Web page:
This case had an interesting history. The original panel on a majority of Judges Rives and Brown had set aside Shelton's plea of guilty (which had unquestionably been the product of a plea bargain agreement) on the grounds that "Justice and liberty are not the subjects of bargaining and barter." Shelton v. United States, 5 Cir., 1957, 242 F.2d 101, 113. Judge Tuttle dissented, 242 F.2d 113, urging that a plea was not necessarily involuntary simply because it resulted from plea negotiations. On rehearing en banc Judge Tuttle's position prevailed, with Judges Rives and Brown dissenting. Shelton v. United States, 5 Cir. (en banc), 1957, 246 F.2d 571. On Petition for Writ of Certiorari in the Supreme Court, however, the Solicitor General confessed error and the Supreme Court reversed this Court's en banc judgment. Shelton v. United States, 1958, 356 U.S. 26, 78 S.Ct. 563, 2 L.Ed.2d 579. The Supreme Court ultimately adopted Judge Tuttle's position, however, quoting his original dissent (later en banc majority opinion) favorably in Brady v. United States, 1970, 397 U.S. 742, 755, 90 S.Ct. 1463, 25 L.Ed.2d 747, 760, which accepted and acknowledged the validity of pleas based on negotiations and agreements.
Judges must not be blind to "what all others see." Hamer v. Campbell, 5 Cir., 1966, 358 F.2d 215; Gomillion v. Lightfoot, 5 Cir., 1959, 270 F.2d 594, 608 (dissenting opinion), rev'd, 1960, 364 U.S. 339, 81 S.Ct. 125, 5 L.Ed.2d 110; United States v. Mississippi, S.D.Miss., 1964, 229 F.Supp. 925, 998 (dissenting opinion), rev'd, 1965, 380 U.S. 128, 85 S.Ct. 808, 13 L.Ed.2d 717; Brooks v. Beto, 5 Cir. (en banc), 1966, 366 F.2d 1, 10, cert. denied, 1967, 386 U.S. 975, 87 S.Ct. 1169, 18 L.Ed.2d 135
Advisory Committee Notes, Proposed Amendments to Criminal Rules, 52 F.R.D. 409, 426
The Fourth Circuit in pungent language we neither approve nor disapprove describes it this way. "Rule 11 is intended to produce a complete record of the factors relevant to the voluntariness of the guilty plea and, thereby, to forestall subsequent controversy as to voluntariness. The purpose and spirit of the rule is diametrically opposed to the unfortunate tradition of invisible plea bargaining. It is this tradition that causes trouble here. We are not unaware that plea bargaining often occurs without the knowledge of the court. The result is an absurdity: the trial judge knows everything about the plea except what truly motivates it. We have previously recognized plea bargaining as an ineradicable fact. Failure to recognize it tends not to destroy it but to drive it underground. We reiterate what we have said before: that when plea bargaining occurs it ought to be spread on the record and publicly disclosed. United States v. Williams, 407 F.2d 940 (4th Cir. 1969)." Raines v. United States, 4 Cir., 1970, 423 F.2d 526, 530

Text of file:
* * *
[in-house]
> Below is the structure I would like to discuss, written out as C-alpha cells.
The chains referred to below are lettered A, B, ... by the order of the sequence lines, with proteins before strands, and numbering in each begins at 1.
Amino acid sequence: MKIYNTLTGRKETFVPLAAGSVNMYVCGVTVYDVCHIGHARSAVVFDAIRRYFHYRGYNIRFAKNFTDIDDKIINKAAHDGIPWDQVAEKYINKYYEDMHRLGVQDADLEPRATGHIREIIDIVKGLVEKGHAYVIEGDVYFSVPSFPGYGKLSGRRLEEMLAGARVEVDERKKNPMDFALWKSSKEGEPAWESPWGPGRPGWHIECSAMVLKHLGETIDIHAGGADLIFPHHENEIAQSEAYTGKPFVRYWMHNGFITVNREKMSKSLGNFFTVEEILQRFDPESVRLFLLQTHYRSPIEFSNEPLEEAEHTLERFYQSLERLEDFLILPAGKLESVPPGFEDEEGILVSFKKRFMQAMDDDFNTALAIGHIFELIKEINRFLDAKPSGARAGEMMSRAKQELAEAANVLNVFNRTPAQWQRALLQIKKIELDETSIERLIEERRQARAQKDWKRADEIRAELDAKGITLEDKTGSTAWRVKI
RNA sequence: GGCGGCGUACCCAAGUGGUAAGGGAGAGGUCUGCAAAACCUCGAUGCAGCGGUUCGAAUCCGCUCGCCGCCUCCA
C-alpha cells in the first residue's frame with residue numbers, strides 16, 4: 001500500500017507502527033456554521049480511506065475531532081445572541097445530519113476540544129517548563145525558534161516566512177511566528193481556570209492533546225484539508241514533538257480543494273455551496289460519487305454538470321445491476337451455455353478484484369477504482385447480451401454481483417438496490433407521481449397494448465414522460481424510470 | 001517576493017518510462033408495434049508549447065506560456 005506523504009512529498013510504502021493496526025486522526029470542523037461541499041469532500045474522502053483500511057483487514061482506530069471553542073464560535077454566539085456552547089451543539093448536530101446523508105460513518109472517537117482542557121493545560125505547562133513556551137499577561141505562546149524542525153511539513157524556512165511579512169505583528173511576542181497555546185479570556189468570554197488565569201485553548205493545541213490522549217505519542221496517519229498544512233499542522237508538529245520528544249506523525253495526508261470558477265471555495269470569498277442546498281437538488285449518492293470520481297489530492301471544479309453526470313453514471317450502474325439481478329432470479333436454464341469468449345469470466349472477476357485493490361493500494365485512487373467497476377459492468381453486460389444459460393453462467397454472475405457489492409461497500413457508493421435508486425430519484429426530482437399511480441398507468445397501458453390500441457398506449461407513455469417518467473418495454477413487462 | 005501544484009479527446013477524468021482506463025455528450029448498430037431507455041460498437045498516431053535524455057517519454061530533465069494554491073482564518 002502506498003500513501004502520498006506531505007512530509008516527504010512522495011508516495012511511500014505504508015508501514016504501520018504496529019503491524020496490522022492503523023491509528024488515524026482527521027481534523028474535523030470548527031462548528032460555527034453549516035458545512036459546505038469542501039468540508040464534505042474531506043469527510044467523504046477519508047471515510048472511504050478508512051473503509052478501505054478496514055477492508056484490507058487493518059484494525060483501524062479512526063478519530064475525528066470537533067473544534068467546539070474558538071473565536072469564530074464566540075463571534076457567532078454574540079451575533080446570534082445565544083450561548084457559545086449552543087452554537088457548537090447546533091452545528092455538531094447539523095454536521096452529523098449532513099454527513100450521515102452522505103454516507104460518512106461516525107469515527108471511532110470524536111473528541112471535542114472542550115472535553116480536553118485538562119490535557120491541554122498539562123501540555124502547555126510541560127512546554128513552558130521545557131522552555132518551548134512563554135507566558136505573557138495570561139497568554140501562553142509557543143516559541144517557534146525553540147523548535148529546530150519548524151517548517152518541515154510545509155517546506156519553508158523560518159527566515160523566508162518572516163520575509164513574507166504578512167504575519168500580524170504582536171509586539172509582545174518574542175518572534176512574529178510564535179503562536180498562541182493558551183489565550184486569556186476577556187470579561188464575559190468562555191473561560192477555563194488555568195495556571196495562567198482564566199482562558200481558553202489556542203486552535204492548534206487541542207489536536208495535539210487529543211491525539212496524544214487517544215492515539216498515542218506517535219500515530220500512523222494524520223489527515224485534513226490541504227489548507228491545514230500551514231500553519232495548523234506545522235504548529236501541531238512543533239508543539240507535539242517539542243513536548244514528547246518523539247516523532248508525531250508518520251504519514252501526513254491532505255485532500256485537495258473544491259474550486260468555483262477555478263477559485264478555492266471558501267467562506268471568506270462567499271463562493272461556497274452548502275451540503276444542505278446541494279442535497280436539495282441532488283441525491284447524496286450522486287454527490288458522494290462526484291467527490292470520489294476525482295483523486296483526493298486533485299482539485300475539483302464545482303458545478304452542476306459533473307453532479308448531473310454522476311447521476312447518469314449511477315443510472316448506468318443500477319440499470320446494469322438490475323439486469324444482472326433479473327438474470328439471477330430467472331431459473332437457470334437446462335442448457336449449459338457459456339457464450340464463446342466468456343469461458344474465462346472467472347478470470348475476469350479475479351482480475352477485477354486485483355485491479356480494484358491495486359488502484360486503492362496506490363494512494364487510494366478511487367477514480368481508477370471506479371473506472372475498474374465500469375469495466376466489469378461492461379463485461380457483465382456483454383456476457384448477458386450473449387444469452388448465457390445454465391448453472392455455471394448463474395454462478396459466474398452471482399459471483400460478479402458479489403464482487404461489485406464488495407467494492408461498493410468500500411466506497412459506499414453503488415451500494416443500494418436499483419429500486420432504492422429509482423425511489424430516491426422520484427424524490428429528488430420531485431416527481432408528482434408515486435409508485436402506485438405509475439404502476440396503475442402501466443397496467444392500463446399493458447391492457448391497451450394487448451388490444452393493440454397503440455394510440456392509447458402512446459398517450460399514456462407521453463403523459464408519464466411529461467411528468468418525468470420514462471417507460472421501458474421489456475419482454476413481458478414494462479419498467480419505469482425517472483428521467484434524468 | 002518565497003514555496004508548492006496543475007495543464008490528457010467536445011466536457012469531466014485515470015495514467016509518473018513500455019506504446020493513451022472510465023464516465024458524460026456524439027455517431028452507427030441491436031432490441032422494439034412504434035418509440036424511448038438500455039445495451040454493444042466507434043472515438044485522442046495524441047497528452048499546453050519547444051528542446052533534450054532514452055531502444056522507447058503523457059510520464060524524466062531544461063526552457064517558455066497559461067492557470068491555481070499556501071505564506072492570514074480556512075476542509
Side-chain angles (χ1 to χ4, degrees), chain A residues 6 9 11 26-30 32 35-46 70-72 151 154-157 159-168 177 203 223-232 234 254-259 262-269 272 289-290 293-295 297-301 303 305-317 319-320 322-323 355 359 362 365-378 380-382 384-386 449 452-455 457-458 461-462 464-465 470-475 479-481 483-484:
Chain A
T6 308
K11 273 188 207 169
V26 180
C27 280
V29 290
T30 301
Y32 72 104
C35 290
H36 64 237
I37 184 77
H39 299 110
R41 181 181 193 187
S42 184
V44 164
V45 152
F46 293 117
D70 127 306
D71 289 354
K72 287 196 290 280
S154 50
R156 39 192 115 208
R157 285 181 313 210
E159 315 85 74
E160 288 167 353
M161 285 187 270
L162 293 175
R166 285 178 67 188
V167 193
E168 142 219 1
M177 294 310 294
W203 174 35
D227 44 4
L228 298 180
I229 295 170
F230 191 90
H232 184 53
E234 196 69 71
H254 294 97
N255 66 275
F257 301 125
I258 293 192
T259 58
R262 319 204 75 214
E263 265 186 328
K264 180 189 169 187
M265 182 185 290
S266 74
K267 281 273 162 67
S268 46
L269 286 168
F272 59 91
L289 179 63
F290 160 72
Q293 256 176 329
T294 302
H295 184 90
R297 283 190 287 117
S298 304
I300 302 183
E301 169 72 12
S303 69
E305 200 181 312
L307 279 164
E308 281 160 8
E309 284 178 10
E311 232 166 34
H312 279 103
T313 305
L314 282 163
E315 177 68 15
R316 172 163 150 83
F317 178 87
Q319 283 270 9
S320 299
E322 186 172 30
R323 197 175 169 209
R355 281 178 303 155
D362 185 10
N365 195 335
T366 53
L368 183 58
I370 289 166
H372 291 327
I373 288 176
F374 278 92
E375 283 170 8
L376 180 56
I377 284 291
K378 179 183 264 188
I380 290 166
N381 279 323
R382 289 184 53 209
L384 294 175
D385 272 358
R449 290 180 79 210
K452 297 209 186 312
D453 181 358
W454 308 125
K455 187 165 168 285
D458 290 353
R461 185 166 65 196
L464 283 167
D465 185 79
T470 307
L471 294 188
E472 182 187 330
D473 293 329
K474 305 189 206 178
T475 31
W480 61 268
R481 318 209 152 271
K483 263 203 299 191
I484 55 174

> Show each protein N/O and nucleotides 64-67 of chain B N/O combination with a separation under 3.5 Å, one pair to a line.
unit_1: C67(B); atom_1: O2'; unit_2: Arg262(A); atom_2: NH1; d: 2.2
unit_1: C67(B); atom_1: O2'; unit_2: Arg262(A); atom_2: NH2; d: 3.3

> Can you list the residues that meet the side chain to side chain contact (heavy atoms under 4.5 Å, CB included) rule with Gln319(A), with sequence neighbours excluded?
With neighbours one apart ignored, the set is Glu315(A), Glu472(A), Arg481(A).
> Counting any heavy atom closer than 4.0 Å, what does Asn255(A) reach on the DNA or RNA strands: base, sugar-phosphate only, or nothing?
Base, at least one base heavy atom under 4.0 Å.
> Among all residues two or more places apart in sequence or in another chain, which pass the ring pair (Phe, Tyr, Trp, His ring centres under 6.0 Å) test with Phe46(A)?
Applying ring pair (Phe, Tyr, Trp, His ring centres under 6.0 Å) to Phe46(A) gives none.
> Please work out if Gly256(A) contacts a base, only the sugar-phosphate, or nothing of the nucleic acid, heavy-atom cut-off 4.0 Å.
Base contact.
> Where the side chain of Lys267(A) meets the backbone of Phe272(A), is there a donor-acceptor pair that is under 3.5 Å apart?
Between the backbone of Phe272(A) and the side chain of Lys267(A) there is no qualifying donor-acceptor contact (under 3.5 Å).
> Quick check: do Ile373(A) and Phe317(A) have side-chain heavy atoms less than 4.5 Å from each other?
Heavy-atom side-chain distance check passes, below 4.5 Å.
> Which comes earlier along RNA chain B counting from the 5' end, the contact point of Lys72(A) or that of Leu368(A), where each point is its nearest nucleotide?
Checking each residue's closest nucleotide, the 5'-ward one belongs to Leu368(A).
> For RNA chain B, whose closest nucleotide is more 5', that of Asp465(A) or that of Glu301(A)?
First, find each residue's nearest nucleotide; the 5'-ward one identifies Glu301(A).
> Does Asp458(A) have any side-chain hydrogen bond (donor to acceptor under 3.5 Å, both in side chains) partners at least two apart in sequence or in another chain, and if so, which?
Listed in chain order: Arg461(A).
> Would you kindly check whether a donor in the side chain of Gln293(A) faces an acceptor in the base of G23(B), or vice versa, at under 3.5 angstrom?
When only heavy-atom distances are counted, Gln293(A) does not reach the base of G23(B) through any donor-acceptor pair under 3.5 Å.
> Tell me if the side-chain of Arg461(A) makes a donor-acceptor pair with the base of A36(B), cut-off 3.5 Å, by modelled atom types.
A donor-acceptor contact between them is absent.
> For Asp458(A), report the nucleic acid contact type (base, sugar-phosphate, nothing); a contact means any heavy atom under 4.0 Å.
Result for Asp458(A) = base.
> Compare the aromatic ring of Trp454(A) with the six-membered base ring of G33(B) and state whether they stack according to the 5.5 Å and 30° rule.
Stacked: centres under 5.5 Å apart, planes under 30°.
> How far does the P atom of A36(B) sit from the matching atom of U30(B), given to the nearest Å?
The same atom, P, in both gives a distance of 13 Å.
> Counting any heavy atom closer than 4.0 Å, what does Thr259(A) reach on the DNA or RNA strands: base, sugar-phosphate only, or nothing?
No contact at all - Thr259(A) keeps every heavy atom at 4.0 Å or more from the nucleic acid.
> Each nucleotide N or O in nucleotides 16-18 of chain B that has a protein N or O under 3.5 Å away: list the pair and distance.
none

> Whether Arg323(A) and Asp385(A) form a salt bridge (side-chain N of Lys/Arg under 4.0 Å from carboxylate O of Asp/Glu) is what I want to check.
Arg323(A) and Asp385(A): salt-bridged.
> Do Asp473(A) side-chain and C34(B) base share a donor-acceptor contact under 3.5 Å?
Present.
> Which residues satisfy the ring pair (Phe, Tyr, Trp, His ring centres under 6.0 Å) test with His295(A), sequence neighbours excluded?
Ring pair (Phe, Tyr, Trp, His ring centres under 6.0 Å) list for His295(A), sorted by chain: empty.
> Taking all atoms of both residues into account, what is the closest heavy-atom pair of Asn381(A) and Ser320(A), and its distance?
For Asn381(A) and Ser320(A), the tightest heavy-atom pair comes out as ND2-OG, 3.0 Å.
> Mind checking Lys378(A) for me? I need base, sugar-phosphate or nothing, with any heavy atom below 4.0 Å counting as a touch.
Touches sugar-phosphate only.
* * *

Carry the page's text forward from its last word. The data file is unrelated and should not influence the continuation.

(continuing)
See also Reed v. United States, 9 Cir., 1971, 441 F.2d 569; United States v. Simpson, 1970, 141 U.S.App.D.C. 8, 436 F.2d 162; United States v. McCarthy, 1 Cir., 1970, 433 F.2d 591; Trotter v. United States, 2 Cir., 1966, 359 F.2d 419
In refusing habeas corpus relief the State trial court noted that, "Upon the entering of [the guilty] plea, [defendant] admitted that he had not been coerced to plead guilty by any means; he had not been promised anything to plead guilty, and that the applicant or petitioner was informed by the Court that all of the above mentioned must be true or his guilty plea would not be accepted." (Emphasis added)
See ABA Standards Relating to Pleas of Guilty Sec. 3.1 (approved draft 1968)
To avoid attacks of this kind on future sentences trial courts might find help in the Federal Judicial Center's recommendation or the Fourth Circuit's prescribed procedure: The Bench Book for use by United States District Judges now suggests that the defendant be asked by the Court "if he believes there is any understanding or if any predictions have been made to him concerning the sentence he will receive." Bench Book for United States District Judges, Federal Judicial Center (1969) at 1.05.3
The Fourth Circuit suggested:
"District Judges in this circuit ought henceforth to expand their Rule 11 inquiry substantially as follows:
I now inquire of the United States Attorney and of the prisoner and his counsel whether or not there have been plea negotiations. Before permitting you to respond, I assure you that the United States Supreme Court has specifically approved plea bargaining and has said it is 'an essential component of the administration of justice . . . to be encouraged.' You may, therefore, advise me truthfully of any plea negotiation without the slightest fear of incurring disapproval of the court.
We are inclined to the viewpoint that a negative response to such an inquiry would finally conclude the subject matter and prevent subsequent litigation."
Walters, supra, 460 F.2d at 993.